With 1.3 million Chinese tourists already heading Down Under annually, here’s how Australian operators plan to remain China’s flavour of the month.
By Katrina Lobley
It all started with a scoop of lavender ice cream. In the summer of 2008, when social media was in its infancy, visitors’ snaps of Bridestowe Lavender Estate's exotically purple treat went viral among the Chinese community.
With the flavourful images triggering an engagement with Asia, the Tasmanian farm’s new owner, Robert Ravens, saw an opportunity to maximise Bridestowe’s appeal to this lucrative market.
“We worked very creatively with a lot of Chinese travel agencies and Chinese media to reposition our product,” he says. Where once Bridestowe “was a genteel place where [toiletries company] Yardley gathered its premium fragrance”, Ravens wanted to reposition it into something more contemporary.
The momentum continued, thanks in no small part to Bobbie the Bear – a purple, lavender-stuffed teddy that made use of the farm’s excess crop. Sales skyrocketed after a Hong Kong chef was photographed with Bobbie among the flowering lavender fields.
In 2014, Bobbie lit up social media when he was spotted with Chinese model Zhang Xinyu, and popular actresses Sun Li and Fan Bingbing. During Chinese president Xi Jinping’s 2014 visit to Tasmania, Ravens worked with tourism and state authorities to put Bobbie into the president’s hands – a brilliant marketing move captured by news cameras.
Ravens estimates that Bridestowe has now sold half a million bears and that visitor numbers to the farm, a 45-minute drive from Launceston, will exceed 85,000 in 2018.
The Australia China Business Council forecasts that total Chinese visitor numbers to Australia will reach 3.3 million a year by 2026, triple the million Chinese tourists who came Down Under in 2016. With China forming Australia’s fastest growing inbound tourism market, insights from operators such as Ravens are invaluable to others hoping to share in this Chinese gold rush.
“People are buying authenticity,” says Ravens, who has a Chinese-language version of his website but steers clear of Chinese signs at his farm.
“They want to have … special moments. Giving them those special moments pays off for us. We give them reasons, opportunities, pictures, backdrops – everything you can think of where they can position themselves in our landscape or our visitors’ centre. They do that quite spontaneously – it’s amazing to watch it all happen.”
Bridestowe focuses its marketing efforts on social media, especially Chinese social media. “It’s just so incredibly powerful,” says Ravens.
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Andrea Plawutsky, the Sydney-based director of Amplify Me, helps tourism operators and destinations tailor products and services for Chinese travellers. She says it’s time to ditch some preconceptions about Chinese visitors.
“Until recently, particularly at the operator and destination level, we’ve seen the Chinese as a reincarnation of the Japanese market of the 1980s, with tour buses and set itineraries,” she says.
“We haven’t been keeping up with the fact that many of the young Chinese, in particular, are going very quickly to a mature style of travel. We don’t break these tourists down into segments – we tend to look at them and say, ‘You’re Chinese’. But there are those tourists who are adventurous, those who are traditional, those who are here for the shopping experience and so on.”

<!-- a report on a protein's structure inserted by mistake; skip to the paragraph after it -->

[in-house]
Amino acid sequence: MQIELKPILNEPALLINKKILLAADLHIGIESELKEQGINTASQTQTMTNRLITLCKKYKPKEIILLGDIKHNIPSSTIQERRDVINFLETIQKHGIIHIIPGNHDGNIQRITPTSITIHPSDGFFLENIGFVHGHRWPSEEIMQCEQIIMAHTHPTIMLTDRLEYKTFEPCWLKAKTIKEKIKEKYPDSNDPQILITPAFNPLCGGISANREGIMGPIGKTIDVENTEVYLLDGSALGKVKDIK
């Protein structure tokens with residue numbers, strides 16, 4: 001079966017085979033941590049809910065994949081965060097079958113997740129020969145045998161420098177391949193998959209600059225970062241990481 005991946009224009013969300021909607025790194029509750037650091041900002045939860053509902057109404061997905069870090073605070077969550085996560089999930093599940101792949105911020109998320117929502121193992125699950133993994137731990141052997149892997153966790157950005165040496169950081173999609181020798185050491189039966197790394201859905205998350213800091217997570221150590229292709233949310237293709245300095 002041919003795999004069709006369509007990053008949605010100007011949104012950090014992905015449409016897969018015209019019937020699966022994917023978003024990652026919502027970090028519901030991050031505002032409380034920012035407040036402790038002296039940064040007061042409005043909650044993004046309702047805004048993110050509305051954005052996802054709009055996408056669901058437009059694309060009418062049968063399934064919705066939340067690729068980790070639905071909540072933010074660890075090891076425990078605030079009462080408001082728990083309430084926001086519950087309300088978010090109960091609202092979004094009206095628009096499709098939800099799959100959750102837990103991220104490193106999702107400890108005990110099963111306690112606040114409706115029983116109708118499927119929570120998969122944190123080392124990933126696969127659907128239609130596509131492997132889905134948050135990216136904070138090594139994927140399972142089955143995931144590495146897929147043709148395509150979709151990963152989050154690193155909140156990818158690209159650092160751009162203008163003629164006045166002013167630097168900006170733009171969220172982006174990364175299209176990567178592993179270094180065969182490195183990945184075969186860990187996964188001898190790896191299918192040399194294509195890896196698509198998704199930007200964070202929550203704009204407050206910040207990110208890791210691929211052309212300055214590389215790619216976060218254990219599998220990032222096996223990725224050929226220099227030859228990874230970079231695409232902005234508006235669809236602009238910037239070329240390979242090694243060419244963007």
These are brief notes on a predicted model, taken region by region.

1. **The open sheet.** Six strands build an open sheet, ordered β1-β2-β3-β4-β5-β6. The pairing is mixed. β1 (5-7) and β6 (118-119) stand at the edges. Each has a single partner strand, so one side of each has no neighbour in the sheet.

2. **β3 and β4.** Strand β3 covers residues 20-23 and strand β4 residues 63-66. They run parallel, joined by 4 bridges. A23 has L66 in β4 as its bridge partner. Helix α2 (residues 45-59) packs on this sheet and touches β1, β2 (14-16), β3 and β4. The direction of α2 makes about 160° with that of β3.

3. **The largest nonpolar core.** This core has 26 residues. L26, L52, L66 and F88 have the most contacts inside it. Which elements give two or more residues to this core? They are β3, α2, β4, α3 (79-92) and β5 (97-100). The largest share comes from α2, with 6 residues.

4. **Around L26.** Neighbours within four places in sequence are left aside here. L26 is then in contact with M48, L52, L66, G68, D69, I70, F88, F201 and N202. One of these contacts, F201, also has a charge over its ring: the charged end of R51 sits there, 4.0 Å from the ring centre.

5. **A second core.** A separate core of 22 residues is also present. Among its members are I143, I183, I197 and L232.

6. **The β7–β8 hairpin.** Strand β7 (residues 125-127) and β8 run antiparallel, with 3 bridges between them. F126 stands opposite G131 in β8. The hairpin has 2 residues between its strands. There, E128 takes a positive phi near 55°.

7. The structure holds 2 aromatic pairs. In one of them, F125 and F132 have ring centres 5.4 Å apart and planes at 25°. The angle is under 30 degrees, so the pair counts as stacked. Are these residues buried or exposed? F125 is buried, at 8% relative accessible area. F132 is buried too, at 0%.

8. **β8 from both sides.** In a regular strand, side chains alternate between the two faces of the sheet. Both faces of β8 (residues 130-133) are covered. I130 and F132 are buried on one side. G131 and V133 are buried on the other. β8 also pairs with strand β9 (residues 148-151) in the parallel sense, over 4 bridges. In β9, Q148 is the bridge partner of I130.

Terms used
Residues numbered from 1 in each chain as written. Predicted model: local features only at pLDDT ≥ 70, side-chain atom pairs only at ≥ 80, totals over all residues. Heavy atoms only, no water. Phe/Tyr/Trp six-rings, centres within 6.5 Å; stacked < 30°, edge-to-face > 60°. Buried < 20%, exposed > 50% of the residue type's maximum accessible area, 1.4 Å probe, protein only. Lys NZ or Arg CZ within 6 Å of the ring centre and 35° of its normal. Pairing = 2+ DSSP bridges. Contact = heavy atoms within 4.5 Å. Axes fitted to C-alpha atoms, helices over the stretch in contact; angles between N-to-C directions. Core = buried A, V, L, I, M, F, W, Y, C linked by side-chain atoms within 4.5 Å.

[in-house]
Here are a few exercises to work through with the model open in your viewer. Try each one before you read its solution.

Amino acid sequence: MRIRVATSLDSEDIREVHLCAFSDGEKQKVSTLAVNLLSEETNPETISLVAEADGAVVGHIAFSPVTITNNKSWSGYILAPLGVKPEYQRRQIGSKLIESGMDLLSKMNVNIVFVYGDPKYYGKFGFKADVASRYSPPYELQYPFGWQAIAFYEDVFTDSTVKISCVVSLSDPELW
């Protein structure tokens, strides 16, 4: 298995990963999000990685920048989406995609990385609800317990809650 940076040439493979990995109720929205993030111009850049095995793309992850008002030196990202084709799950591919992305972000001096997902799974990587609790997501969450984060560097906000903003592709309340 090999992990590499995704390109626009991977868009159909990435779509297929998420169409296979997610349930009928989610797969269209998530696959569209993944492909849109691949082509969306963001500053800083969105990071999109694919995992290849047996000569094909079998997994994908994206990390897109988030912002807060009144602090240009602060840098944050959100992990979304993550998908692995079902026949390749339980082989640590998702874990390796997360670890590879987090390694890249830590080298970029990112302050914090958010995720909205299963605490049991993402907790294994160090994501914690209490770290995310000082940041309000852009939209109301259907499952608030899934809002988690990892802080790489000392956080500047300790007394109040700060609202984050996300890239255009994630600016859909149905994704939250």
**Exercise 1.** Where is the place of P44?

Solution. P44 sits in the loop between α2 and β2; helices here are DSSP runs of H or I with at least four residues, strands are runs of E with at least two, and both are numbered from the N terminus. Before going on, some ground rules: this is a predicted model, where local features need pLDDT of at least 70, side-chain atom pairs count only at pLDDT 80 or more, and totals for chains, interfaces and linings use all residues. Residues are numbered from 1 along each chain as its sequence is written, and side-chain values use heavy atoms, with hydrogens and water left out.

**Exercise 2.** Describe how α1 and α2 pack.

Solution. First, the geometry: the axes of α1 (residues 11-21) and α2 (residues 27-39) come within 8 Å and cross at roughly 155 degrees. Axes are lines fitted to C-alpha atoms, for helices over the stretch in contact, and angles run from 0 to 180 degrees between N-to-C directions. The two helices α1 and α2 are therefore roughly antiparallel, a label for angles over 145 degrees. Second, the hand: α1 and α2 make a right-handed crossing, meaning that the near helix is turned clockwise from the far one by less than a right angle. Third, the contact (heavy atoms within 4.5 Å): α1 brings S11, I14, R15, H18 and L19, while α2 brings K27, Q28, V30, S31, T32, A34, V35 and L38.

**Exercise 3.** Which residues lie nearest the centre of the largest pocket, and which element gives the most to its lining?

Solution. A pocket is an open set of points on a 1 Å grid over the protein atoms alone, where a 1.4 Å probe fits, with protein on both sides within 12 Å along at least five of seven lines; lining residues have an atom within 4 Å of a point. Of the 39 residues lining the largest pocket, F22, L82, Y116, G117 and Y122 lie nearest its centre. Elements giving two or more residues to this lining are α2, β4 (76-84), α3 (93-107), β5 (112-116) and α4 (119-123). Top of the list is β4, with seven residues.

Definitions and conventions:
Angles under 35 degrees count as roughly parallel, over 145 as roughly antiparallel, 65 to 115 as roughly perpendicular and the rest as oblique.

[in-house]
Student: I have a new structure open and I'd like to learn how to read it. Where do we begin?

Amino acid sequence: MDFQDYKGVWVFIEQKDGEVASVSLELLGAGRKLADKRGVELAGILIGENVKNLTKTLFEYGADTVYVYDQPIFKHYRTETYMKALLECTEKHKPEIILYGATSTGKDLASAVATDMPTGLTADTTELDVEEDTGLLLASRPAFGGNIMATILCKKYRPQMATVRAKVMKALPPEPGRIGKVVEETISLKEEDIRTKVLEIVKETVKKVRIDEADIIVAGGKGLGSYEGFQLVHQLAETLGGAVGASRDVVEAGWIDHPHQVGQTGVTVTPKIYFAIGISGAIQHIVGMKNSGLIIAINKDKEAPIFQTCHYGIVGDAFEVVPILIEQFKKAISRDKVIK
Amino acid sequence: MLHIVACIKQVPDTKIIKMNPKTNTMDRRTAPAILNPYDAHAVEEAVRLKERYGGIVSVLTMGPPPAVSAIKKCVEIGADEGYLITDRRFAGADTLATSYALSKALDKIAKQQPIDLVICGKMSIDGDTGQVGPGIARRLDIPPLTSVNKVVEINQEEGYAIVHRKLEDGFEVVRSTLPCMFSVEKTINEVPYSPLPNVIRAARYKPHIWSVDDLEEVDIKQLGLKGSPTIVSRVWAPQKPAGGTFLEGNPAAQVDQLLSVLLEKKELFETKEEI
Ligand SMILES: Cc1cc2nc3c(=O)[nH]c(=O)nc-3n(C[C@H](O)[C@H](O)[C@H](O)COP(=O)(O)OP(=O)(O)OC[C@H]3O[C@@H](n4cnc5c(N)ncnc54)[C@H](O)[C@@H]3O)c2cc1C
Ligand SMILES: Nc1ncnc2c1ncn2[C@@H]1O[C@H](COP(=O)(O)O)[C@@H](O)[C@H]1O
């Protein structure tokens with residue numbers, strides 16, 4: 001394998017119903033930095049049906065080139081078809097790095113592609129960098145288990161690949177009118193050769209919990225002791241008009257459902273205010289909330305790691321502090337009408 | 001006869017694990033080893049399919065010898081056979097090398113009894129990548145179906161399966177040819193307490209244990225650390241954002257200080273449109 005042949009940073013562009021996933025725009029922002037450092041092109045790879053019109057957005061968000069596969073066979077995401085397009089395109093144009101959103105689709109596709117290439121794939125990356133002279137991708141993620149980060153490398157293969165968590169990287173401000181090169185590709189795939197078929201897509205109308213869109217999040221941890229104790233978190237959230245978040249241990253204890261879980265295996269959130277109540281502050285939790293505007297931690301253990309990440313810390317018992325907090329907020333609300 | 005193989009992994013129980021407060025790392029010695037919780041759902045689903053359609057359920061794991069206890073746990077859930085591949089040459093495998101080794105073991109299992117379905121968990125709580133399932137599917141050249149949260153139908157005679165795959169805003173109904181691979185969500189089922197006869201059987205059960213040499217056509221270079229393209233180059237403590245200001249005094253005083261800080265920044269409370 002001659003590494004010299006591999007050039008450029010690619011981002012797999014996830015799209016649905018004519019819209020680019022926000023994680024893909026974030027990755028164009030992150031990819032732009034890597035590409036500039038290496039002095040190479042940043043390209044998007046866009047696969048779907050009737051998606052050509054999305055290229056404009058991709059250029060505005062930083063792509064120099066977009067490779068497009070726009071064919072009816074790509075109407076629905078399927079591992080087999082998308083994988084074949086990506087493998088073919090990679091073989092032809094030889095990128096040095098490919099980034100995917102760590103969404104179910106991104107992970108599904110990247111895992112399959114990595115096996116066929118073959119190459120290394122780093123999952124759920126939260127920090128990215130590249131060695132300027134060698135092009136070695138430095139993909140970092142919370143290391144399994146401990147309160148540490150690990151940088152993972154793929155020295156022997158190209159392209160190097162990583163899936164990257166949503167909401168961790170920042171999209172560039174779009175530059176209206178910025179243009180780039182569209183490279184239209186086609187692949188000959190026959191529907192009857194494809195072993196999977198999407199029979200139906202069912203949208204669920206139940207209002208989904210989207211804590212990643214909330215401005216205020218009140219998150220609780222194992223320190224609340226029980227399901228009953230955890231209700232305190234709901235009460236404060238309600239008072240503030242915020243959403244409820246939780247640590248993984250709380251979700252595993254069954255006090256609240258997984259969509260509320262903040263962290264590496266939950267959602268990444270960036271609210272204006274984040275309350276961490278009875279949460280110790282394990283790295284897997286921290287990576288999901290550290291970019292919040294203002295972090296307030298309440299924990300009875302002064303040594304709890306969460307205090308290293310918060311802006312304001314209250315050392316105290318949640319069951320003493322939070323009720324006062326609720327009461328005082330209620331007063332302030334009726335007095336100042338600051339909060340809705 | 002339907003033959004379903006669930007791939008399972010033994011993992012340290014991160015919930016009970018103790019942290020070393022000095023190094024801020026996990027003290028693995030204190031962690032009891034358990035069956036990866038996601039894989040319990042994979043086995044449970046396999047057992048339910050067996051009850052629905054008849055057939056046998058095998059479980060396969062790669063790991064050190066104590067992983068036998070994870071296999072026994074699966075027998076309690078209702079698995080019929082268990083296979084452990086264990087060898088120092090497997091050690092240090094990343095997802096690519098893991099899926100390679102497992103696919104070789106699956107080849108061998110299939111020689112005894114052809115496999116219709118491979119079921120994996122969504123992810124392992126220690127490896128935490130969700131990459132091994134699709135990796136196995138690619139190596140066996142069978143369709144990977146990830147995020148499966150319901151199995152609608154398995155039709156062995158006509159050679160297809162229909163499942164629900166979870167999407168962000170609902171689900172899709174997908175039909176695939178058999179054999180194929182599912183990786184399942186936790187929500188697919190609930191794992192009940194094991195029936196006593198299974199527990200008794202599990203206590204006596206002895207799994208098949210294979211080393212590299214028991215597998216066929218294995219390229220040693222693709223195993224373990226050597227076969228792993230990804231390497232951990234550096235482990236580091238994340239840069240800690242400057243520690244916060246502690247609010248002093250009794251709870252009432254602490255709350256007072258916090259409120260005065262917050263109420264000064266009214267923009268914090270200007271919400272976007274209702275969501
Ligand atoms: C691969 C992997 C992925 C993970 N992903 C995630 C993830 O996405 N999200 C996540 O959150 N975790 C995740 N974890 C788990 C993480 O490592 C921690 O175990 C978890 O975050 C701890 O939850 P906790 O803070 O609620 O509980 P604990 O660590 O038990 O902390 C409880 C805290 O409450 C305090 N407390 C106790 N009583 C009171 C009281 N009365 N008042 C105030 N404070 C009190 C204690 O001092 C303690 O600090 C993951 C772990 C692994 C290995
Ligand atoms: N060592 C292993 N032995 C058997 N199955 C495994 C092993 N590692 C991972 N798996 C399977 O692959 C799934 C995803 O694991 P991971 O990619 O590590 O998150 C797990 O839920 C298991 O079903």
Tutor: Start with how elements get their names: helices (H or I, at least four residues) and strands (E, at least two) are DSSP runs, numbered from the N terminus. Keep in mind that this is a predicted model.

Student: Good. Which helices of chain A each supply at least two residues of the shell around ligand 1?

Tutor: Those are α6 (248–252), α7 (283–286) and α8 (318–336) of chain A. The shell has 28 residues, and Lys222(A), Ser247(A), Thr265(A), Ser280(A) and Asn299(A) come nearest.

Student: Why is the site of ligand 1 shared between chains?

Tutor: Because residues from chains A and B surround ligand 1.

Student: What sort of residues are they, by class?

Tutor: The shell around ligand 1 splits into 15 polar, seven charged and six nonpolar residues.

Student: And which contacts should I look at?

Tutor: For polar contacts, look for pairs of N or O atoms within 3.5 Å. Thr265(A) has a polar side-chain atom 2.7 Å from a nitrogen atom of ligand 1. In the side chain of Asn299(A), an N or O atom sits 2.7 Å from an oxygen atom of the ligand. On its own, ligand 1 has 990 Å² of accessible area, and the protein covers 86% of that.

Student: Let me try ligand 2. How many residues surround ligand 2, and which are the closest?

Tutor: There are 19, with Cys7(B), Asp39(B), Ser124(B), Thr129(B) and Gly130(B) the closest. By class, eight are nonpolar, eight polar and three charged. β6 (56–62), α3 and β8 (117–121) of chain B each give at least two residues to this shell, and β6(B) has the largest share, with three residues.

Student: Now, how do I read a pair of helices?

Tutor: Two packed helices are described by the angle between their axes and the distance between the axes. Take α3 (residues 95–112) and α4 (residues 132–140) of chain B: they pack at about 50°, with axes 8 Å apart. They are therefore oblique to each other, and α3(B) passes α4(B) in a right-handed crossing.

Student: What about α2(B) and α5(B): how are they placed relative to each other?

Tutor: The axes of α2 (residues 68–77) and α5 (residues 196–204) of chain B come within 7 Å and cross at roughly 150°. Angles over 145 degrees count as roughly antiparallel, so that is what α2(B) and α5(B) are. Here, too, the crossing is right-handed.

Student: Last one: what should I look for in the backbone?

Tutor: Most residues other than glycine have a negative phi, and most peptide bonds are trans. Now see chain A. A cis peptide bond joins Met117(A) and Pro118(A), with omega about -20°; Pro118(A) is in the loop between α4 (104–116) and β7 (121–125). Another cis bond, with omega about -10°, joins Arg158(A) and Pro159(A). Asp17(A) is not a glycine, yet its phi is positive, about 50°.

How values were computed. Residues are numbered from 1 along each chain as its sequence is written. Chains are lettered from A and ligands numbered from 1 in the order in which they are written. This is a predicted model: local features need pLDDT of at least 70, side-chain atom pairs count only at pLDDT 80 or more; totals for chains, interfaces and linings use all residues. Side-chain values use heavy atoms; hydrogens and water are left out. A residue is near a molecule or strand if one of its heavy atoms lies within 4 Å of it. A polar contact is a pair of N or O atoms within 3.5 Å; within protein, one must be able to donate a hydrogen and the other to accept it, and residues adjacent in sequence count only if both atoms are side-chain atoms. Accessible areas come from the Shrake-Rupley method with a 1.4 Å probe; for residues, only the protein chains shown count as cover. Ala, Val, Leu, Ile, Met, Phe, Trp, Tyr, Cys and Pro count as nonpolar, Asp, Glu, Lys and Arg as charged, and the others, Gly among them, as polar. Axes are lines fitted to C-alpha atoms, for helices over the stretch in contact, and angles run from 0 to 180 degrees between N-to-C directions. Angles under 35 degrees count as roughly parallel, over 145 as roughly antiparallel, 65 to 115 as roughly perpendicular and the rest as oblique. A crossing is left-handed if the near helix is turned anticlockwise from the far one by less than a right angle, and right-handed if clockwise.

“People are buying authenticity. They want to have … special moments.” Robert Ravens, Bridestowe Lavender Estate
Data from Tourism Research Australia shows a 112 per cent growth in Chinese caravan or camping visitor nights in the year to September 2017. Savvy operator BIG4 Holiday Parks has invested in a Chinese-registered website, plus a translation of its Australian site that includes sample itineraries for Chinese travellers interested in getting off Australia’s beaten track.
Apollo Tourism, Australia’s largest renter of motorhomes and campervans, has responded to the surge in Chinese customers by translating its website, brochures and road safety guidelines.
Once these visitors hit the road, next on the agenda is food and wine, and coastal and aquatic nature and wildlife experiences, says Plawutsky. All these themes are explored in recent Tourism Australia campaigns.
“However, what the operators haven’t done is gone back and said ‘How can I market to fit in with those characteristics?’” Plawutsky says.
For example, one way for restaurants to better appeal to Chinese customers is to improve the information they provide, such as having a photograph of a dish or listing the ingredients.
“Visitors don’t want all the signage in Chinese – they want to experience an authentic Australia,” Plawutsky explains.
“However what they do want, in a subtle way, is their need for information to be met. With that idea of [maintaining] face in Asian cultures, if we don’t make the food accessible, they’re stuck with a plate of they-don’t-know-what that they have to finish whether they find it palatable or not.”
Family-style shared meals or tapas dishes may also work better than a pub-style meal for one. However, uniquely Australian food experiences, such as abalone tasting in Tasmania, are also proving very popular.
By taking a few simple steps to improve cultural connectedness, Australian businesses and destinations can ensure they continue to be the flavour of the month for Chinese travellers.
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